Northern US Forests Have Lost Biodiversity
Researchers conclude that a commonly-held belief, that forests of northern Minnesota, Wisconsin and Michigan have recovered from rapid, wide-spread logging of over a century ago, is not entirely true.
Where trees have grown back, the forests are now quite different from the original ones that were cut down.
Forests throughout the Laurentian Mixed Forest Province are less diverse than their predecessors. In the early 1800s, conifers dominated 59 percent of an ecoregion's forests, on average, but now form the canopy in only 32 percent of forests. Eastern hemlock, pine and tamarack have particularly declined in abundance. Significant reductions have also occurred in forests with large amounts of beech or yellow birch.
Taking the place of these species across the 257,000 km² Great Lakes region are aspen and maple. Forests dominated by aspen have expanded to five times their area before logging, while maples have doubled their cover. These deciduous trees benefit, in part, from current timber harvesting practices.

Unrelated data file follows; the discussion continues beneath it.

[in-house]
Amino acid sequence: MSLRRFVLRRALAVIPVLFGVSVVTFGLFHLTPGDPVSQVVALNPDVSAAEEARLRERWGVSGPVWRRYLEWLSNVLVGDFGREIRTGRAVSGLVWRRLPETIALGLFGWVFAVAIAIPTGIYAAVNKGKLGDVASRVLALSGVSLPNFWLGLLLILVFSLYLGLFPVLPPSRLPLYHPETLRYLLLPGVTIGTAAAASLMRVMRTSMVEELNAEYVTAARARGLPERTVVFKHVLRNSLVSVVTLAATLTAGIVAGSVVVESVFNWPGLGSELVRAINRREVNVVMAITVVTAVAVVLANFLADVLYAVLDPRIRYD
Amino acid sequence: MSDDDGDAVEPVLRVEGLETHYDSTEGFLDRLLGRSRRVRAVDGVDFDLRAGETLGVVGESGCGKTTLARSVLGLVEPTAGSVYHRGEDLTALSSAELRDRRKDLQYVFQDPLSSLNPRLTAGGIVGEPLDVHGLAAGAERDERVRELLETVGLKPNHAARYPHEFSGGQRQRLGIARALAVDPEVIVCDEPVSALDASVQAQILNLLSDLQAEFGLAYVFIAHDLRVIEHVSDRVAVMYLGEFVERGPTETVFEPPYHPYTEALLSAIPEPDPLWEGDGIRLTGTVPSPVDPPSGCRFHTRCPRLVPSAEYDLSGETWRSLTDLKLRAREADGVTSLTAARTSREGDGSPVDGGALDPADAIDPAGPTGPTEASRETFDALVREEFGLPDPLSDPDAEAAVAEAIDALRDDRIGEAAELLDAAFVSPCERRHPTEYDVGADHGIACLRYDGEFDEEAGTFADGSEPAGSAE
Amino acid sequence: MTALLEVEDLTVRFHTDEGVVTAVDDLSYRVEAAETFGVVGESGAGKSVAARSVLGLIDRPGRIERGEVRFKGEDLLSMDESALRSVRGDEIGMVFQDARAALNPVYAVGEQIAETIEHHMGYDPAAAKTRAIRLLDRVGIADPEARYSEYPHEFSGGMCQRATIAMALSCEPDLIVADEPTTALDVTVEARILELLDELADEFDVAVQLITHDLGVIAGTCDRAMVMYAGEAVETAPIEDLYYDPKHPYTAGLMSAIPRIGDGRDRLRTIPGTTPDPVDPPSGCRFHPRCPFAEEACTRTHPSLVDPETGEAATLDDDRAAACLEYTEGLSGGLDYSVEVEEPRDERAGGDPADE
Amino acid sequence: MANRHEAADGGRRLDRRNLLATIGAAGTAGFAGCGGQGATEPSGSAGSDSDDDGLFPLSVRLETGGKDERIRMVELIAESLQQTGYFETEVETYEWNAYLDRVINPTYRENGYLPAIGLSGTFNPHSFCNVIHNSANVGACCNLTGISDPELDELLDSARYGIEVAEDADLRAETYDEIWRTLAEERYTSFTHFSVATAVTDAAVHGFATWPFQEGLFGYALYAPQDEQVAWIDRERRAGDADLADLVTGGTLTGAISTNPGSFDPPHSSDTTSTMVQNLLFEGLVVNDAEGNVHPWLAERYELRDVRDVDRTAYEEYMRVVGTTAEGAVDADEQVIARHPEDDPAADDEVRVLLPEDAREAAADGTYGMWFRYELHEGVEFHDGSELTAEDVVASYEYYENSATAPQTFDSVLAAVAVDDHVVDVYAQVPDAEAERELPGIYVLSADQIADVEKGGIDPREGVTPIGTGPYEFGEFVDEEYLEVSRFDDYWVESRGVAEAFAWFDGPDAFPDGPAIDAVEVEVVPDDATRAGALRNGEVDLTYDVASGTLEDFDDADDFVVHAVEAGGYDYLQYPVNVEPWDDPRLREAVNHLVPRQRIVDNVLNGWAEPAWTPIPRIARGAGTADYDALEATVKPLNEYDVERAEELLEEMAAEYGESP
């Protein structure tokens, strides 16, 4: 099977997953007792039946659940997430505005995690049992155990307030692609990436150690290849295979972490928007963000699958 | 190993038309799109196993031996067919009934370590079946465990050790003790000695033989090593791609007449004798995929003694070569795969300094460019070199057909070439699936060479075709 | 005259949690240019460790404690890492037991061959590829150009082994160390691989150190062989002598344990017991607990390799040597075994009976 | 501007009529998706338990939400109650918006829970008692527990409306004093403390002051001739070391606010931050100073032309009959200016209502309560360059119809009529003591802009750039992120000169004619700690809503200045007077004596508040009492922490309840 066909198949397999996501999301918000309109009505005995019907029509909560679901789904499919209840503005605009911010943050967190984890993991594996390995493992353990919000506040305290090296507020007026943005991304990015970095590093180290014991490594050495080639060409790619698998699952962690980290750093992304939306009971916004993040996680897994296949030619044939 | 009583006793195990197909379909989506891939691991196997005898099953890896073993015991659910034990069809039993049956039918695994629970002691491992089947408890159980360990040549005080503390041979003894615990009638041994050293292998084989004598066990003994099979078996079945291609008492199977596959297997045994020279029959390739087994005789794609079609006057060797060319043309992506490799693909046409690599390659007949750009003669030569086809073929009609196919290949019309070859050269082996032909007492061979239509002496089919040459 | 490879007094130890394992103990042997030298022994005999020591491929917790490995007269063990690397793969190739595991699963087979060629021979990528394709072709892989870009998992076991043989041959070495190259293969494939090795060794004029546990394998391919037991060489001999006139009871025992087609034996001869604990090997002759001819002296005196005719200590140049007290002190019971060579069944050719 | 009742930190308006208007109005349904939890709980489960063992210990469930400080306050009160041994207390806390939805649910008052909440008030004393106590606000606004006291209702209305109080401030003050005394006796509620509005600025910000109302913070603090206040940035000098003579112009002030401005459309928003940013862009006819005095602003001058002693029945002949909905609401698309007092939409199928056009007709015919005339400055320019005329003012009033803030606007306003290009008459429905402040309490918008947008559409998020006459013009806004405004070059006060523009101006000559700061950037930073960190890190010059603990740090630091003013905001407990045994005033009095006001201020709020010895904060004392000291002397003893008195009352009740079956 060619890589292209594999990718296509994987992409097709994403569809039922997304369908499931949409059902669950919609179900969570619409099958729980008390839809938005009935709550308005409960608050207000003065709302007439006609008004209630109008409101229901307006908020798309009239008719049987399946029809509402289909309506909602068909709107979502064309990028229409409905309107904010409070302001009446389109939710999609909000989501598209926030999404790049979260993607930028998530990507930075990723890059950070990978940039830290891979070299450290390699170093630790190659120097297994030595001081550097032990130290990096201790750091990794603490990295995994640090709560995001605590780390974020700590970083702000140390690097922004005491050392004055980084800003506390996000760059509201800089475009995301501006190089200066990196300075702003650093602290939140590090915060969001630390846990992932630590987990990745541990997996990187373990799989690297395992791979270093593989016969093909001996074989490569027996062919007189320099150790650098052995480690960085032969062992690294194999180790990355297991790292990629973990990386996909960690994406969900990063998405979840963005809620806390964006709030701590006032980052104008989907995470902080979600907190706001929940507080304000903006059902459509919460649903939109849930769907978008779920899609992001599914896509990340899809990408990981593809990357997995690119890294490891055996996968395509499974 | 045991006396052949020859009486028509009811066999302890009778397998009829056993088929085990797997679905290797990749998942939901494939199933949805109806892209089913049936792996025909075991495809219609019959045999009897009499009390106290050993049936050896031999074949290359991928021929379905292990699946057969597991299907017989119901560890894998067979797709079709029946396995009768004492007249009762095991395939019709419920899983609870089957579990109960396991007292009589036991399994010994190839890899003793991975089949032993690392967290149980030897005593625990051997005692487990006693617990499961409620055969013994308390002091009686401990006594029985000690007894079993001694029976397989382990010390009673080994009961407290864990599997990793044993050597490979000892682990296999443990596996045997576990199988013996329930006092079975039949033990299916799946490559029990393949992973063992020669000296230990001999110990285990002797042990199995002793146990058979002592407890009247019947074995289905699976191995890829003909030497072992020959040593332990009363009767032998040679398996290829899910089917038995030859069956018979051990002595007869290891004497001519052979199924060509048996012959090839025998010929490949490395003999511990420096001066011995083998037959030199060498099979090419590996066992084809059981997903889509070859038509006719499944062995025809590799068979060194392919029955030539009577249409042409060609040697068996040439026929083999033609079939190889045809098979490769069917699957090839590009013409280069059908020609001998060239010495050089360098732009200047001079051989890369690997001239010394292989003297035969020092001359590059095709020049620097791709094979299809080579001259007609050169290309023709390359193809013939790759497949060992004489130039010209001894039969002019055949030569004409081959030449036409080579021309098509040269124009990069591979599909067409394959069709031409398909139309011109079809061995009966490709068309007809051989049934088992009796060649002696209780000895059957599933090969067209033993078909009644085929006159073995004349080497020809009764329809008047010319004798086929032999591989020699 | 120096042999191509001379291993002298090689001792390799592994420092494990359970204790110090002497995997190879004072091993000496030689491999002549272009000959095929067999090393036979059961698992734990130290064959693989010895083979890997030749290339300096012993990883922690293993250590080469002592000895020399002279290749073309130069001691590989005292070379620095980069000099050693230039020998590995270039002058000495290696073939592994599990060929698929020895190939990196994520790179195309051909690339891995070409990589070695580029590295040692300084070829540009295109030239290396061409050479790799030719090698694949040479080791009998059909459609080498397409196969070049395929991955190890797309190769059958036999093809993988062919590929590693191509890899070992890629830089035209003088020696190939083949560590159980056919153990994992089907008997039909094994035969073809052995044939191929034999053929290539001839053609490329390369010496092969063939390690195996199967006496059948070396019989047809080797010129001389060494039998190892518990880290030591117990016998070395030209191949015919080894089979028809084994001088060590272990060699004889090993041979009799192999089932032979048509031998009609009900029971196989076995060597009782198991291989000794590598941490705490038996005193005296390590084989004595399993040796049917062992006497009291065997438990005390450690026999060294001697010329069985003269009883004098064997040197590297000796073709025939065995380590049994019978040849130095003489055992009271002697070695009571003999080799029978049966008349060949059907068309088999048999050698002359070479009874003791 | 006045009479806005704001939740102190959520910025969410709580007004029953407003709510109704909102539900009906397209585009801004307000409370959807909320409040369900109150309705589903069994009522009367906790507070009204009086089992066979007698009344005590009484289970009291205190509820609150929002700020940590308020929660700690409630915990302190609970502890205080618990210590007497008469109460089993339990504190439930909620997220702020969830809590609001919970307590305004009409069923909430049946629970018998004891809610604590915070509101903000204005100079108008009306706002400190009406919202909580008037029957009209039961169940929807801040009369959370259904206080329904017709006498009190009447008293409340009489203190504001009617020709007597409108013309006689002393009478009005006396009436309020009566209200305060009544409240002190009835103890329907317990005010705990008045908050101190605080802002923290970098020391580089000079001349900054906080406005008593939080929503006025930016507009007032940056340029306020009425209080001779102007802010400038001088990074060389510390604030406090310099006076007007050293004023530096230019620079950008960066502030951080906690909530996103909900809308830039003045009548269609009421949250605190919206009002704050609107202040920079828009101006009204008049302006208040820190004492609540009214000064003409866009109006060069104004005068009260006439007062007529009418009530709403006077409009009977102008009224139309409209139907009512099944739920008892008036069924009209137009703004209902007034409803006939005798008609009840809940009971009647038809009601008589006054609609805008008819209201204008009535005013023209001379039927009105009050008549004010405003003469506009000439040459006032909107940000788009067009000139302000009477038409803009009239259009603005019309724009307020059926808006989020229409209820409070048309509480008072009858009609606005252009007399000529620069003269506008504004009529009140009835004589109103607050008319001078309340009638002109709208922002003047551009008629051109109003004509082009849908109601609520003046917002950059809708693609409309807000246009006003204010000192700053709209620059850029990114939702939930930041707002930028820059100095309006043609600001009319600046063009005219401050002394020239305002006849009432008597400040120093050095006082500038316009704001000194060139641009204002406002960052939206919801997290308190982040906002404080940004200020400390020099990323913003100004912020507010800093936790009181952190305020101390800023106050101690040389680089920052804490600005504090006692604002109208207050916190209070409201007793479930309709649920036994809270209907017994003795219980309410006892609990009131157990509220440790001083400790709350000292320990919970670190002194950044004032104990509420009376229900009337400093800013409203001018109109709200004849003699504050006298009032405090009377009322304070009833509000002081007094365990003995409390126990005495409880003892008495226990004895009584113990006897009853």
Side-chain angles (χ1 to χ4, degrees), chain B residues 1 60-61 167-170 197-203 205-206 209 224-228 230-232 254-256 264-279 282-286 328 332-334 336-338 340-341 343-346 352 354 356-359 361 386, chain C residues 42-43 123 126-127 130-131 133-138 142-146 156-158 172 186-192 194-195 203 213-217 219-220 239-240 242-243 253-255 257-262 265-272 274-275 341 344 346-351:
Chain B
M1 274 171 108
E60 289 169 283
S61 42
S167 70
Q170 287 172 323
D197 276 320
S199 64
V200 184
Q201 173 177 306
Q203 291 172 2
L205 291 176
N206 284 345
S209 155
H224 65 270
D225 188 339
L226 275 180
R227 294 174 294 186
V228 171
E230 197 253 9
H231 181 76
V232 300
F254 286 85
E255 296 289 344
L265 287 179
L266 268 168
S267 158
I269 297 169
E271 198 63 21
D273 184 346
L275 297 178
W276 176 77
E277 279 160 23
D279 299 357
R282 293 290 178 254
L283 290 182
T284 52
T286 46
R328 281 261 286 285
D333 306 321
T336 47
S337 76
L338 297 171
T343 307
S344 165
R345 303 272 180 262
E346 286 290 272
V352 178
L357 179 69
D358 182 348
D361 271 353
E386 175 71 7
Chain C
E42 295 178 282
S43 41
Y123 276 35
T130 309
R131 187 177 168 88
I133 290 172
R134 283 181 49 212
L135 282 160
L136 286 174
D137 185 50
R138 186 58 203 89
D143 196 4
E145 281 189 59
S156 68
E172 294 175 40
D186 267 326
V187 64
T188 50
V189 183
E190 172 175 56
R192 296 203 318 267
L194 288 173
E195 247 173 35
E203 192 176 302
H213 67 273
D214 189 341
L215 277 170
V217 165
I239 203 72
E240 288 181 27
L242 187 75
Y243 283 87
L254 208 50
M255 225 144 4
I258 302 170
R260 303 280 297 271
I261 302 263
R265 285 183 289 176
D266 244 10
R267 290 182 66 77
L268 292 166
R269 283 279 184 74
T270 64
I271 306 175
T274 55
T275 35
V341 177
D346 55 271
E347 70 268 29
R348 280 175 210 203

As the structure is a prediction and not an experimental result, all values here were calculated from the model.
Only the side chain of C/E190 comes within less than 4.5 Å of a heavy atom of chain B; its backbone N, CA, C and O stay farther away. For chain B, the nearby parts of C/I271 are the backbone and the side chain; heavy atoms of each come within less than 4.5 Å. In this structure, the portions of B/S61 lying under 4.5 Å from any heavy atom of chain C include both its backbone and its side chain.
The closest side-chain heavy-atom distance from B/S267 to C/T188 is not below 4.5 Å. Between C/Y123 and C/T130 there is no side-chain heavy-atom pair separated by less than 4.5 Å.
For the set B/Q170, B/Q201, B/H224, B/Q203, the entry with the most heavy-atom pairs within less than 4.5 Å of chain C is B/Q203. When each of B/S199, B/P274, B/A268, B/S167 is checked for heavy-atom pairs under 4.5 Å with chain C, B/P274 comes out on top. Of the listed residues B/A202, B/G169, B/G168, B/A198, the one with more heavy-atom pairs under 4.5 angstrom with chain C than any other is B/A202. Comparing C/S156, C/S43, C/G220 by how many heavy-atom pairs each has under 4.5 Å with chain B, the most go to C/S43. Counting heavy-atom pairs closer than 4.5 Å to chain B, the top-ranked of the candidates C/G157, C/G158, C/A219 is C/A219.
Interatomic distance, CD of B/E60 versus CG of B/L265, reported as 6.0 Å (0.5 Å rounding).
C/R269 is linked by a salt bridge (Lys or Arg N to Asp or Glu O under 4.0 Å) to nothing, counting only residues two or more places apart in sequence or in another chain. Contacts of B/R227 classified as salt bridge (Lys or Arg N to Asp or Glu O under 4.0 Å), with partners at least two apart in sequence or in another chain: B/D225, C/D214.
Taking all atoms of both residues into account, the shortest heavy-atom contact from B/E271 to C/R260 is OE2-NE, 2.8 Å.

Consequently, forests throughout northern portions of the three states have become more uniform. Fewer species of trees commonly make up forest canopies, resulting in a loss of biodiversity and structural complexity. The forests have not recovered to what they were in the days before European settlement, but are now entirely new, simplified ecosystems.
In addition, only some of the cleared land has become reforested. On average, 59 percent of the land area is growing trees now, compared with 88 percent before clearing began 150 years ago. Agricultural crops and pasturelands have especially replaced forests in Wisconsin and in central portions of Minnesota and Michigan, where unforested land covers 85 percent of some ecoregions.
Lisa A. Schulte, David J. Mladenoff, Thomas R. Crow, Laura C. Merrick and David T. Cleland. 2007. Homogenization of northern U.S. Great Lakes forests due to land use. Landscape Ecology. 22(7): 1089-1103.